True Lavender oil has antibacterial, anti-itch, and nerve-calming properties.

It is good for many common dog ailments and problems, e.g. skin irritations, anxiety, insect bites, cuts and burns, etc.

This oil is a "must-have" oil for dogs!

Marjoram, Sweet (Origanum majorana)

Sweet Marjoram essential oil has strong antibacterial properties. It is also calming and a muscle relaxant.

Use this oil for bacterial skin infections and wound care.

You can also add this oil to an insect-repelling blend as Sweet Marjoram oil has insect repelling properties as well.

Niaouli (Melaleuca Quinquenervia)

16 Safe Essential Oils for Dogs If you (and your dog) don't mind the scent of this oil, Niaouli is a must-have oil.

It has powerful antibacterial properties (comparable to those in Tea Tree oil), yet Niaouli oil is less likely to cause irritation than Tea Tree.

Use this oil to help dogs with skin irritation and infections caused by allergies. Also, it is an effective antiseptic oil that can disinfect and help fight bacterial infections.

Peppermint (Mentha x piperita)

Peppermint essential oil stimulates blood circulation and is antispamodic, so it is a great oil for dogs with arthritis, dysplasia, or other joint pain. It is also good to soothe pain caused by sprains and strains.

Peppermint oil is also anti-nausea and works well with ginger to help dogs with motion sickness.

But many people ask if Peppermint essential oil is safe for dogs.

It is generally safe if properly diluted and used topically, or for diffusion (inhalation).

However, avoid using Peppermint oil with small dogs and pregnant dogs.

Sweet Orange (Citrus sinensis)

Sweet Orange essential oil has calming and uplifting effects. It is good for dogs with anxiety, and/or depression. It can also stimulate a dog's appetite. If your dog is not eating (maybe due to stress or depression), diffusing this oil before mealtime may help.

Since this oil has deodorizing and flea-repelling properties, it can be added to your homemade doggie shampoo.

Thyme ct. Linalool (Thymus vulgaris ct. linalool)

There are many different chemotypes of Thyme essential oil. The only chemotype that is mild and safe enough for dogs to use is Thyme ct. Linalool.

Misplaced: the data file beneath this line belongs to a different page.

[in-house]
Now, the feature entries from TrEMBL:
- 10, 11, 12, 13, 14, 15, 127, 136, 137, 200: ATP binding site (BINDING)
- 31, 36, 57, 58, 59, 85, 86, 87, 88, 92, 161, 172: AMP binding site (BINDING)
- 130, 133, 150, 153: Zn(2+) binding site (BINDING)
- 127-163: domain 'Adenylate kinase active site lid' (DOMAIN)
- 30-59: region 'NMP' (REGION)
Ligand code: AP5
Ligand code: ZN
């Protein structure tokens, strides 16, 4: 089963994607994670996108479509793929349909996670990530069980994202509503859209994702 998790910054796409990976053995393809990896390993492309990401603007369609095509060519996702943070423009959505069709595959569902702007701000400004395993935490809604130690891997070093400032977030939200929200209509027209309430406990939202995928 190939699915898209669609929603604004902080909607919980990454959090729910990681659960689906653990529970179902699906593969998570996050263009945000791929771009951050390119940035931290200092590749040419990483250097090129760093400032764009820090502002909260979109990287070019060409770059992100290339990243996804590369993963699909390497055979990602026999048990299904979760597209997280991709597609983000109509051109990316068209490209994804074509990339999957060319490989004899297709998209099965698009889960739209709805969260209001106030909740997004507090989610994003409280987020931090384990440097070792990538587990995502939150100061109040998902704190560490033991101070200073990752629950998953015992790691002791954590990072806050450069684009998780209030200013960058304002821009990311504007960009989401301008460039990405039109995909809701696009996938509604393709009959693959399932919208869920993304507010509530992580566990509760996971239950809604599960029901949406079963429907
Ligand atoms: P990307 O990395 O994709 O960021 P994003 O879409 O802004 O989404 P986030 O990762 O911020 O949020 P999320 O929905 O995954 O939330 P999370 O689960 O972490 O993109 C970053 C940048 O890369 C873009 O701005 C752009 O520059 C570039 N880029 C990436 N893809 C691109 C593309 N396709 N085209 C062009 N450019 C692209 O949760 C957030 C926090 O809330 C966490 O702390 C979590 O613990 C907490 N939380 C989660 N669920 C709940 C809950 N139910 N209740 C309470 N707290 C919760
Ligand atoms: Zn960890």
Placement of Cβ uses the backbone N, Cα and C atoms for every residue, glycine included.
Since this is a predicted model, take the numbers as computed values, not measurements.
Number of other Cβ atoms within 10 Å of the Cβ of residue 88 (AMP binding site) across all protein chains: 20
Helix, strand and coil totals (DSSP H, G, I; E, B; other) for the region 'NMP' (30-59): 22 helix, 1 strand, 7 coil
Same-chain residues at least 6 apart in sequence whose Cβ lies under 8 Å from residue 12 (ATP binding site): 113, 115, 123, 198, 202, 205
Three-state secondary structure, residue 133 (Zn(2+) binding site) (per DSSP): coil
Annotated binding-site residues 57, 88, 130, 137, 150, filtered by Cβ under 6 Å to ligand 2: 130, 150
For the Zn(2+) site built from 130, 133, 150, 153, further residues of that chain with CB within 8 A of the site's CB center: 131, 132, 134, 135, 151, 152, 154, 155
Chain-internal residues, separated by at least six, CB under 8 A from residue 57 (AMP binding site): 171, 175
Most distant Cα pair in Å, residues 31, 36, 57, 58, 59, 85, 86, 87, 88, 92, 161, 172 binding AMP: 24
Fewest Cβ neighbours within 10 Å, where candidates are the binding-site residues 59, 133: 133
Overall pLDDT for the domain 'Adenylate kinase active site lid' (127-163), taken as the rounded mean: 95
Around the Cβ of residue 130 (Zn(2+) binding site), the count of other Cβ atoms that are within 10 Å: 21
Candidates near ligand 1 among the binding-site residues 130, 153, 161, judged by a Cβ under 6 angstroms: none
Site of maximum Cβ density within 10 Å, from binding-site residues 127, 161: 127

This Thyme oil has pain relieving properties, and can be added to a blend to help dogs with arthritis, rheumatism, or other joint pain.


Additionally, Thyme oil has powerful antibacterial, antifungal, and antiviral properties. It is an excellent choice for infections and other skin issues.

This is a "must-have" oil for your dog!

Valerian (Valeriana officinalis)

Valerian essential oil has sedative and nerve-calming effects, and is good for helping dogs with anxiety such as separation and noise anxiety.

Download a summary of the above 16 oils in PDF format here.

Buying Essential Oils for Dogs

If you are new to aromatherapy, you may not know where and how to find 100% pure essential oils for dogs. There are indeed a lot of places where we can buy essential oils, and you may even notice quite a big difference in price for the same oil at different stores.

The following guidelines will show you how and where to get high-quality essential oils for your dog:

  • Look for essential oils that are bottled in amber, cobalt or violet glass bottles.
  • Look for important information of the oils (either printed on the label, and/or on the store's website, brochure, etc.):
      * Latin name of the oil (e.g. Lavandula angustifolia);
      * Common name of the oil (e.g. Lavender);
      * How the oil was extracted;
      * Country of origin;
      * Method of cultivation (e.g. organic, cultivated, wildharvested, etc.)
      * The words "100% pure essential oil".
  • Essential oils are generally expensive, so don't go for unreasonably cheap oils since cheap oils are likely to be adulterated.
  • If a store is selling all essential oils at the same price, then you have to question the quality and purity of their oils. Some oils (e.g. rose oil) are difficult to extract and naturally they are (and should be) much more expensive than oils that can be extracted more easily.
  • Avoid buying essential oils at supermarkets or health food stores (they may be cheaper but usually of a lower quality).

Puppy

Read More...

  • Want to know if tea tree oil is safe for dogs? Visit our page on Tea Tree Oil for Dogs for more information.
  • Want to know how to use lavender oil on dogs? Visit our page on Lavender Oil for Dogs for more information.
  • Want to try using hydrosols for your dog? Visit our page on Hydrosols for Dogs for more information.
  • Want to learn more about using essential oils and hydrosols safely with dogs? Get this eBook.
  • Want to know which oils and hydrosols are safe for use on older dogs? Visit my new blog Pawsome Oldies to get that information!